The top ranking ports for container movement retain their places for 2012, according to preliminary statistics of the Economic Council for Latin America and the Caribbean (ECLAC) showing the good performance of Latin American economies.
The first position on this ECLAC table has been occupied by the ports of Colon (Manzanillo, Cristobal and Colon Container Terminal) for several years and this year it appears that, despite the problems of congestion and a strike in Balboa and Cristobal, they are keeping first place. Up until the third quarter they moved 3,001,149 teus, retaining their leadership.
It appears that remaining in second position are the Pacific Panamanian ports of Balboa and PSA International (Rodman), which, up until the third quarter, moved 2,747,605 TEUs.
In third place is the largest port in Brazil, Santos, which up until October, 2012, had moved 2,626,672 TEUs, an increase of 5.09%, according to official data.
The fourth and fifth positions at the end of 2012 remained pretty tightly contested between Manzanillo, Mexico, and Cartagena, Colombia. The Mexican port, according to figures up until the third quarter of 2012, handled 1,630,187 TEUs for a term growth of 11.7% versus the previous year.
Meanwhile, Cartagena, Colombia, over the first half of this year stood at the # 5 ranking of ECLAC, growing by around 19%, according to the marketing director of the Regional Port Society of Cartagena, Giovanni Benedetti, who said that the port has had five years growing at double digits. The executive expects to close 2012 with 2.3 million TEUs handled.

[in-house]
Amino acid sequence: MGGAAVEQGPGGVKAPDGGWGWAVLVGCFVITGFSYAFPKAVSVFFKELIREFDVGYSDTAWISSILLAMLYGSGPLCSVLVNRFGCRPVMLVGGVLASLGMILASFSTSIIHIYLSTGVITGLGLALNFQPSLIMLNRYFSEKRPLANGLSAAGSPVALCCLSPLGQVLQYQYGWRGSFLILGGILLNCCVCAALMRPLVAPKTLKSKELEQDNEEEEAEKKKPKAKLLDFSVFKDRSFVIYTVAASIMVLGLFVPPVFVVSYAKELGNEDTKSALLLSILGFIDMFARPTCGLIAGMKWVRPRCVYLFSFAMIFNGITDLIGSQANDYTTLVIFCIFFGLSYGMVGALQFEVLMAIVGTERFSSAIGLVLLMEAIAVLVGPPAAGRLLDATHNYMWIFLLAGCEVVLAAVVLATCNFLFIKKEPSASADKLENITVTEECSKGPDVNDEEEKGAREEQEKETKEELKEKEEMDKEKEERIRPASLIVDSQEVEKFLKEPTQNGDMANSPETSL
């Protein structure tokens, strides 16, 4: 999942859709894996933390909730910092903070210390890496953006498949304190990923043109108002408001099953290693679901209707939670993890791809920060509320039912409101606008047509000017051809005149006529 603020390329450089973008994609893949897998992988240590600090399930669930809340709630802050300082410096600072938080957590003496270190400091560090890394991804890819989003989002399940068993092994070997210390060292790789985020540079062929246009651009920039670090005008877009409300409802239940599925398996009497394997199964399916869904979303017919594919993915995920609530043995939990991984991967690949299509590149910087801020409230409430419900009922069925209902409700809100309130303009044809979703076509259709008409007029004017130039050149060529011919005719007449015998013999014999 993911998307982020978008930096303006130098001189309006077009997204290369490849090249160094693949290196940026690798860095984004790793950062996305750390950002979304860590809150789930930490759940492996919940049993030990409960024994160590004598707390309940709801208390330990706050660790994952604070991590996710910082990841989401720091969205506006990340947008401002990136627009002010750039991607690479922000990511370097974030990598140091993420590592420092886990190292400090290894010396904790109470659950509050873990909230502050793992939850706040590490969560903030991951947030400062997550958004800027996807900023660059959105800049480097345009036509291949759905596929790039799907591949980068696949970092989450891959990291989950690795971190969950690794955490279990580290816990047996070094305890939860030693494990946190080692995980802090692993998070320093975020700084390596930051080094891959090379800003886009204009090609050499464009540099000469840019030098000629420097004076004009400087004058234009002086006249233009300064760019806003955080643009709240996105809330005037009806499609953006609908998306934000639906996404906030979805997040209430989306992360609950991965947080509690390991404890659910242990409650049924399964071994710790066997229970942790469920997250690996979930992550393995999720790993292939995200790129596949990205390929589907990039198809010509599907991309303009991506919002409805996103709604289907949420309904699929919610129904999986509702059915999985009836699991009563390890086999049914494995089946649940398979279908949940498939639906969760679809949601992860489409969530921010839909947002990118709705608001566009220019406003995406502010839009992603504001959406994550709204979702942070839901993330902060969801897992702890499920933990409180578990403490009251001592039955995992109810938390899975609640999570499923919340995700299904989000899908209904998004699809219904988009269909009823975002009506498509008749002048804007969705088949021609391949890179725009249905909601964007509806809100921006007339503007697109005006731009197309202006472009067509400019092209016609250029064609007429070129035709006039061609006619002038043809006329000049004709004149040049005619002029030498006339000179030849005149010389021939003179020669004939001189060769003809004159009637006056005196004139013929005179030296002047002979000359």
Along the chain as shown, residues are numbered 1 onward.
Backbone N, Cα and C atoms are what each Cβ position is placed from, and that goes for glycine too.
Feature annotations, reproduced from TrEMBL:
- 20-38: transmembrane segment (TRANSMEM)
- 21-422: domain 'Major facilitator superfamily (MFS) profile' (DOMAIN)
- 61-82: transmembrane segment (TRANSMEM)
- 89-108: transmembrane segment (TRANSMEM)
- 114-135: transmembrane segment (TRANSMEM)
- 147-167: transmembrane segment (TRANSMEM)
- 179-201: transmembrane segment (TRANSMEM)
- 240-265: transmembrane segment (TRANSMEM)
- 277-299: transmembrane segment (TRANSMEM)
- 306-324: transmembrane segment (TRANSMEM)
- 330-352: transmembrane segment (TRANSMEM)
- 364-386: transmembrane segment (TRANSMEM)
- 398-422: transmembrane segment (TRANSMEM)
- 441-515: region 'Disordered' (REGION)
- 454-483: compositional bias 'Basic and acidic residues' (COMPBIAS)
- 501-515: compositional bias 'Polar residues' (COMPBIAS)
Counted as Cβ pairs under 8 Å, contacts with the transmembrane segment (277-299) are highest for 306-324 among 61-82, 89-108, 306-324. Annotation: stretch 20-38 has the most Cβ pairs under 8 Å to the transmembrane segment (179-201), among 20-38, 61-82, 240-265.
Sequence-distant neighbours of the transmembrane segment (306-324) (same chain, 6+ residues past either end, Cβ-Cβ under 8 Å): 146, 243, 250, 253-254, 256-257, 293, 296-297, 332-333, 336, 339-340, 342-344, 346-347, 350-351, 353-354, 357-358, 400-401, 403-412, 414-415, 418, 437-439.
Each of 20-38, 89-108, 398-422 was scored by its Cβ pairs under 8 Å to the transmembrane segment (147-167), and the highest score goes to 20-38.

The robust growth of Cartagena, in the words of Benedetti, is due to the good performance of the Colombian economy, while it is also the nearest port terminal to Venezuela and, with the problems of the neighboring country, it has become a Venezuelan transit port. Another reason for its growth, he says, is due to the revamping of different routes that were formerly calling in Jamaica and Caucedo.
The SPRC marketing director denied that he has taken cargo from Panamanian ports, but said some lines have chosen to restructure their shipping delivery services, basing them in Cartagena rather than in Panama.
The executive argues that Cartagena is a port for north/south traffic, while Panama handles large east/west traffic.
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